While I am much more interested in defending people than prosecuting people these days, I do recognize the importance of law enforcement. In the world of the Potterverse, Aurors are basically a magical version of the Federal Bureau of Investigation. They use magic and their wits to track criminals who are abusing magical abilities or using forbidden spells. I feel like an Auror book or movie should be in the making. Fantastic Beasts broached the subject but it was only the B-plot but the theme in Harry Potter was that authority is not to be trusted. I think I would be a great investigator but I have already read too many mystery books and movies. The Aurors in America seemed pretty uniform but they were also given a lot of leeway in the way they investigated crimes. In England, I would have been a Ravenclaw but here in America, those qualities would carry over. I would know the spells I needed to defend myself and disable fleeing or combative criminals. It would be a dangerous job but I would think with proper training I could manage things. One might be afraid of a Voldemort or Grindelwald situation but those situations seem to be few and far between for the wizarding world.


8. Jurassic World Tour Guide
(Jurassic World)

Jurassic World exists 22 years after everything originally went to crap in the first movie/book. It is a pristine theme park where you can observe a lot of dinosaurs in realistic settings with little to no danger. These behemoths are kept at bay by state of the art technology and qualified professionals. The only reason that goes badly is the reason it always went badly: somebody gets greedy. If that had not happened, the park was an efficient machine that was more nature preserve than zoo although there was plenty of allusions to zoos and aquariums. There is also the issue that the things in the park are not real dinosaurs. They are featherless hybrid creations but if I was watching their T-Rex in action, I would not really care. The awesome power of these creatures would be so interesting to be around all the time. Watching people’s faces as they see one for the first time would be amazing. Learning everything I could about them so that I could explain to park visitors would be pretty cool too. Even working perfectly, there is plenty of risk working at Jurrasic World but I guess I would hope that the technology and safeguards would work.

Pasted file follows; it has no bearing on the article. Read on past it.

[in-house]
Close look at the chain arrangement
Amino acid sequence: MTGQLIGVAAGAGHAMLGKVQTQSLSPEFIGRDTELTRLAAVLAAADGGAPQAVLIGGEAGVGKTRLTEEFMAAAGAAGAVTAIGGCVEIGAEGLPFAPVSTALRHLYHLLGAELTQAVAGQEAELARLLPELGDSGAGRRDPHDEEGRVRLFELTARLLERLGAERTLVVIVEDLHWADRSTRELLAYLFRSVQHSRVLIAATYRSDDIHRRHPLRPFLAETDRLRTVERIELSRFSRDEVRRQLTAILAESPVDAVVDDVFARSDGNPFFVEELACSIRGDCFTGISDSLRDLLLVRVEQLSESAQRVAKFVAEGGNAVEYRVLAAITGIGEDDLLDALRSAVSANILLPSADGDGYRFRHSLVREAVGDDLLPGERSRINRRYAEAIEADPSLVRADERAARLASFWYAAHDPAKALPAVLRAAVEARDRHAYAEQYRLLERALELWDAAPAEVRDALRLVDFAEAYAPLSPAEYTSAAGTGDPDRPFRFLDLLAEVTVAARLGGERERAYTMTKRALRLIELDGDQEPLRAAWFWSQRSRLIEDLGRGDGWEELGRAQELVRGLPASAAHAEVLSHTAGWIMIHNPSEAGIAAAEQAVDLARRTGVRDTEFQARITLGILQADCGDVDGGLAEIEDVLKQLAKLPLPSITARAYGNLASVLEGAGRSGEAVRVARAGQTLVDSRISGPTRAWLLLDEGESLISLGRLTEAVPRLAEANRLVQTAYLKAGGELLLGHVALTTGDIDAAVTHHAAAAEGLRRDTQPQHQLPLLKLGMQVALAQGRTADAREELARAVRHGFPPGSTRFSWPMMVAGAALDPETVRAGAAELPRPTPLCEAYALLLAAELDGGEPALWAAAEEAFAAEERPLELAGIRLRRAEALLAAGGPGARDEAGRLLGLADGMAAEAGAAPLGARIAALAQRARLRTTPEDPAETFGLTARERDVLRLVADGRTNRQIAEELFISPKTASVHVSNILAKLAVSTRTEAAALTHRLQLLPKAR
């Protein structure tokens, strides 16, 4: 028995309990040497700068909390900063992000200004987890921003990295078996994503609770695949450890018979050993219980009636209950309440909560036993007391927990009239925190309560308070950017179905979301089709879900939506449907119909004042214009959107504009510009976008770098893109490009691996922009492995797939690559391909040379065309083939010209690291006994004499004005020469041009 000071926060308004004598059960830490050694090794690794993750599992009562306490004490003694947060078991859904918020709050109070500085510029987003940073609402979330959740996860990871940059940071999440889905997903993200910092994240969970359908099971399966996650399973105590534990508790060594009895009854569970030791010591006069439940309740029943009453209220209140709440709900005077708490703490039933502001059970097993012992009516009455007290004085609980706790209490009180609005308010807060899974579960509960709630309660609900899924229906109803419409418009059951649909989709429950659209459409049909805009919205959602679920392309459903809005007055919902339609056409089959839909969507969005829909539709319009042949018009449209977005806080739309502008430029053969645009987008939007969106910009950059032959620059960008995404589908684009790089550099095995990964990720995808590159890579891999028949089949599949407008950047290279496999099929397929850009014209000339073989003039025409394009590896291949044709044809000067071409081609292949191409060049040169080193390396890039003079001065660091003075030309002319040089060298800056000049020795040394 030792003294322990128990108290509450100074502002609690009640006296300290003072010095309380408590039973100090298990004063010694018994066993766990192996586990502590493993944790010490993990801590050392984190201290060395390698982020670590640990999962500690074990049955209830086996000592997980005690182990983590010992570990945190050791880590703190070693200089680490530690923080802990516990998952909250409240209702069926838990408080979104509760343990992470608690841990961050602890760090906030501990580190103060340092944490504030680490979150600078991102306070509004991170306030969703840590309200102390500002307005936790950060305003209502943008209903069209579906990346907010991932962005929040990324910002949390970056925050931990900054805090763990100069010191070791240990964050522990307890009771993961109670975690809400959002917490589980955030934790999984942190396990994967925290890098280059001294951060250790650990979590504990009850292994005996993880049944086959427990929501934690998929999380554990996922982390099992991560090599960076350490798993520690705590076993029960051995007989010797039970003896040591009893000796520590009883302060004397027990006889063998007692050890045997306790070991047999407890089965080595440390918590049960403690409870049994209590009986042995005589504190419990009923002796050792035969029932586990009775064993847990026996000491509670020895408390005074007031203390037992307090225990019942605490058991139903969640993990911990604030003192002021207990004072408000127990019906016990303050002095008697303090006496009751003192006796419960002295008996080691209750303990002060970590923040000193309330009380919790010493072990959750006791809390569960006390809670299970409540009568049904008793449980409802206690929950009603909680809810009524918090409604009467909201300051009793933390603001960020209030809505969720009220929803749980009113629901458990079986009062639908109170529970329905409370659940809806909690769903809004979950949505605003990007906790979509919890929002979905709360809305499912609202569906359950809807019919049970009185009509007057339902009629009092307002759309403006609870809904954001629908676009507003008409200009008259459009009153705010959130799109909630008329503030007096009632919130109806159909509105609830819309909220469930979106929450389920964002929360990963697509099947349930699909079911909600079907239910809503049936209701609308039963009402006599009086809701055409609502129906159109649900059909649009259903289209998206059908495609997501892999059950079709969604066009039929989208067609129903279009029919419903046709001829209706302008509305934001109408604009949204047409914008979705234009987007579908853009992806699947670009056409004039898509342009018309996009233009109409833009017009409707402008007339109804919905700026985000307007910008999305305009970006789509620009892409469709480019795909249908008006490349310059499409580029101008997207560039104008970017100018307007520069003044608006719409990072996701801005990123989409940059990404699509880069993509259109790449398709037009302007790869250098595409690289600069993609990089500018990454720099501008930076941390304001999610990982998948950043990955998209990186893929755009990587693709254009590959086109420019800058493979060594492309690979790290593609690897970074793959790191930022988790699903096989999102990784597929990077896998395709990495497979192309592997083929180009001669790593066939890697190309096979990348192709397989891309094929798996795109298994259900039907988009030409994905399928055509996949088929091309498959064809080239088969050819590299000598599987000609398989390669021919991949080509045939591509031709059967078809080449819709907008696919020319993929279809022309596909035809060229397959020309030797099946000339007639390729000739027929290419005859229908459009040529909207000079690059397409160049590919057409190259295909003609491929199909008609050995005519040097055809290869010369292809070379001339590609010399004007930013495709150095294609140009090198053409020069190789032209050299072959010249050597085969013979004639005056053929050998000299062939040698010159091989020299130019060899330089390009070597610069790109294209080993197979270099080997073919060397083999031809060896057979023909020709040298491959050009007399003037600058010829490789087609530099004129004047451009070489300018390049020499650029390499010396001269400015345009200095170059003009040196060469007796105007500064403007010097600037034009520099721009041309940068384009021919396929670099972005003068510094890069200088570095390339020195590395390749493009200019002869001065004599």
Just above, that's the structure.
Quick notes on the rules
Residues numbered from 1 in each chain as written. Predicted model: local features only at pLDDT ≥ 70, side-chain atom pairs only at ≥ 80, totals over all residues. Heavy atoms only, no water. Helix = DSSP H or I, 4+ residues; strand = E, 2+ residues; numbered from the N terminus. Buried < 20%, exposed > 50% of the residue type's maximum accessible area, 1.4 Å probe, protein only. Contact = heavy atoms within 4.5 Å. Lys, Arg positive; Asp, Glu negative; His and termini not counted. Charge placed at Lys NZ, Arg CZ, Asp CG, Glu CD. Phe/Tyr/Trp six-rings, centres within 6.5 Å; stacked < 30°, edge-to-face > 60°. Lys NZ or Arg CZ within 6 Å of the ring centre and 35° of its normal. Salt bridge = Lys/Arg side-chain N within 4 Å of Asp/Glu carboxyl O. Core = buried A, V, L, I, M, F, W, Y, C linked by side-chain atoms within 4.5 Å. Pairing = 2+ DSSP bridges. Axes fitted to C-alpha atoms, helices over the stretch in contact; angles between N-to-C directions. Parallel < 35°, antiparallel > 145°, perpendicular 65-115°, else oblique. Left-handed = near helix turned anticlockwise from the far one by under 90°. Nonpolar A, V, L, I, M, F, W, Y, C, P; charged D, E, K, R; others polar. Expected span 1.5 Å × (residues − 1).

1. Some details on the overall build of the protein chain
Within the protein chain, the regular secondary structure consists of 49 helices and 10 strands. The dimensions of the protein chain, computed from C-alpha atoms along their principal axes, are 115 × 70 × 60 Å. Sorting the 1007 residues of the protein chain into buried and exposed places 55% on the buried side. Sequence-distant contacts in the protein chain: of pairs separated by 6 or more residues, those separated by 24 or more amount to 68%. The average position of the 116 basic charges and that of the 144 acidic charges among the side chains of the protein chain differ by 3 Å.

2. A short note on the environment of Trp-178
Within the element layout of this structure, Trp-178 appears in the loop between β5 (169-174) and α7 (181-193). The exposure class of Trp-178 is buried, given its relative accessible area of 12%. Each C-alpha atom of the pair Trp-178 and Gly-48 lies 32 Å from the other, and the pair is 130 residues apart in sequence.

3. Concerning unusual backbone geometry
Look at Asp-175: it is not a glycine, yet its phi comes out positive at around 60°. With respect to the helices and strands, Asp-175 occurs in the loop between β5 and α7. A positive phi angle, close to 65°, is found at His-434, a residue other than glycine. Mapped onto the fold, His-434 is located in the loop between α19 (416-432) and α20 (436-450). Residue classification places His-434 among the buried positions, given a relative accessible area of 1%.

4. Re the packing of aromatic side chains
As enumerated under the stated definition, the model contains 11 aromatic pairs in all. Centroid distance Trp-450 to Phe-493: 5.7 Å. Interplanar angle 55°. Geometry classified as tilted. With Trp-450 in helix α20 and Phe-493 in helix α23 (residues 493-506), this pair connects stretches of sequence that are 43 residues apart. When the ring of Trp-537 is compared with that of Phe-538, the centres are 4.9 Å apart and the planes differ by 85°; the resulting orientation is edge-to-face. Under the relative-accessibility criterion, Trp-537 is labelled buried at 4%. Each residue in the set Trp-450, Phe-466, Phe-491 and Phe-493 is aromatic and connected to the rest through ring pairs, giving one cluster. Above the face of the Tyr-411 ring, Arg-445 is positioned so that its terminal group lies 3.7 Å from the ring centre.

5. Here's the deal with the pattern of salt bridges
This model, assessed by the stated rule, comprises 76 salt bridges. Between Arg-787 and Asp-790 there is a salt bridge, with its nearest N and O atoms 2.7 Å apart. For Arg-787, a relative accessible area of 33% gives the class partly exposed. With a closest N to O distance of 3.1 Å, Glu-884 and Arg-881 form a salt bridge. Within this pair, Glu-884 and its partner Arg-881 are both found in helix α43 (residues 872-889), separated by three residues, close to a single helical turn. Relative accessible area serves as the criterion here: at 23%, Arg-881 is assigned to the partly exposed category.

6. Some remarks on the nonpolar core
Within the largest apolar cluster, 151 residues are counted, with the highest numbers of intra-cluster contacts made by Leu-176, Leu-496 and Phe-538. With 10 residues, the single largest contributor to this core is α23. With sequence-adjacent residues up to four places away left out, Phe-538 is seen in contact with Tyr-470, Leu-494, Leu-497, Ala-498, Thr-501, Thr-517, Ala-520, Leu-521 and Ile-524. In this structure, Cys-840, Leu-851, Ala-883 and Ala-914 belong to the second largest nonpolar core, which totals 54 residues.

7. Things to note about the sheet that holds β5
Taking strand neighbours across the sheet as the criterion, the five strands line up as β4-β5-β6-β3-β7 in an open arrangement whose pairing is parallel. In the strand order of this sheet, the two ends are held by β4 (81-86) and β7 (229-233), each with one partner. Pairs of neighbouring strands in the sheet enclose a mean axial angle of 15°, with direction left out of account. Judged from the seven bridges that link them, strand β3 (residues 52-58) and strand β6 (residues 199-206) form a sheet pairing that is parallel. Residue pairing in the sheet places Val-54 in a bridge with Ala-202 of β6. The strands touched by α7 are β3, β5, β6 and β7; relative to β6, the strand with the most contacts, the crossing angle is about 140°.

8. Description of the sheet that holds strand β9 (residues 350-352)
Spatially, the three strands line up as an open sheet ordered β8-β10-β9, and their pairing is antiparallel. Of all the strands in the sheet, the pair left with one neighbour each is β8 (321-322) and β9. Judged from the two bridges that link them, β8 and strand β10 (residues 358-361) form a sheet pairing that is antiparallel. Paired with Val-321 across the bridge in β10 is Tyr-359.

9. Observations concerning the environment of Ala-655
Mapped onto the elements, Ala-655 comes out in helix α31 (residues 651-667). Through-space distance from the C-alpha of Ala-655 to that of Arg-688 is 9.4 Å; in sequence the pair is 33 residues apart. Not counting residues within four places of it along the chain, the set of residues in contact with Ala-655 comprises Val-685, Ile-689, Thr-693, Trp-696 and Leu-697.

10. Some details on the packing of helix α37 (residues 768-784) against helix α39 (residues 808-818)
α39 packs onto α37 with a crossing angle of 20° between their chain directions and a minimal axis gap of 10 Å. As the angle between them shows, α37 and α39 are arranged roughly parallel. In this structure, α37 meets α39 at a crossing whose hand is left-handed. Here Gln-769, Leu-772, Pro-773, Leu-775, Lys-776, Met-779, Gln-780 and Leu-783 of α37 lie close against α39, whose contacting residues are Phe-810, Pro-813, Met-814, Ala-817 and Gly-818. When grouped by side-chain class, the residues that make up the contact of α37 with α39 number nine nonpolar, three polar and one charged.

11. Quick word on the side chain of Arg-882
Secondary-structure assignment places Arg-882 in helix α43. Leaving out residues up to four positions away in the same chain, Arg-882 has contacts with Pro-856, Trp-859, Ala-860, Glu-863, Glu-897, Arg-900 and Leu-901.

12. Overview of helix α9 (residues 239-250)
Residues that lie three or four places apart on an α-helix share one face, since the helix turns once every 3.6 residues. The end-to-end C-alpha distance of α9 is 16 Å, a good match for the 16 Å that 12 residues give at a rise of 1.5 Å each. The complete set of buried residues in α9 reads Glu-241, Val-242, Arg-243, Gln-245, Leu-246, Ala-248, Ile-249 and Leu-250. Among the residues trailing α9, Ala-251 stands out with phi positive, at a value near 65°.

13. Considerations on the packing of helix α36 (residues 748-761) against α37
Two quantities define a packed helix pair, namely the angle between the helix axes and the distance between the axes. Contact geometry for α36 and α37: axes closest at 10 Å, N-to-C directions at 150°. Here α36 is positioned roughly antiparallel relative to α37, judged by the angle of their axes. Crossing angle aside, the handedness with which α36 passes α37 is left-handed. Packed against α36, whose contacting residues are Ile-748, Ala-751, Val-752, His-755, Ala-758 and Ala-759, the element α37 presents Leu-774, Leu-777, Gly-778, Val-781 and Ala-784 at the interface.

7. Theme Park Writer
(From Westworld)

I love writing. I could not keep myself from writing if I tried. When I do not write, it just floods my imagination especially when I am trying to sleep. Westworld is a theme park where robots are programmed to carry out live action roleplay with human park guests. If the guest wants to be a good guy, there are bad guys to kill and people to save. If the guest wants to be a bad guy, there are good guys to kill and dastardly crimes to commit in a safe environment. There are technicians who work on the robots but there are also writers and designers who make the storylines. I would love to spend my time doing that. Taking the same characters and repurposing them for slightly different stories would be so much fun. Of course, there are the dangers of the robots gaining sentience but that would not really be my problem unless they came after me. There are some ethical concerns but really, as far as I would know, the robots are just fancy animatronics in cowboy clothes. It would give me a chance to write stories with good guys or bad guys in the lead role.


6. Watcher
(From Buffy the Vampire Slayer)

In the world of Buffy the Vampire Slayer, magic is real and has been unleashed in the world. There are demons, vampires and other nasty things that are more than ready to prey on human beings. Magical warrior women (and girls) known as “slayers” are tapped to fight these creatures. Of course, suddenly becoming a supernaturally strong is not enough to fight evil successfully. Knowledge is power and these slayers are backed up by “watchers” who teach the slayer about fighting the undead. Watchers are usually bookish types, the Q and M to a slayer’s Bond. Among other things, I have been the bookish type. I love to research things and read up on things to arm myself against the world. In this scenario, I would be using that passion to examine eldritch threats to the human populace. I would be helping to guide a young woman in combat, usually without having to do any of the fighting. The only problem I would have is that I would be largely helpless if my charge was killed. Of course, I could study magic to negate some of my relative physical weakness.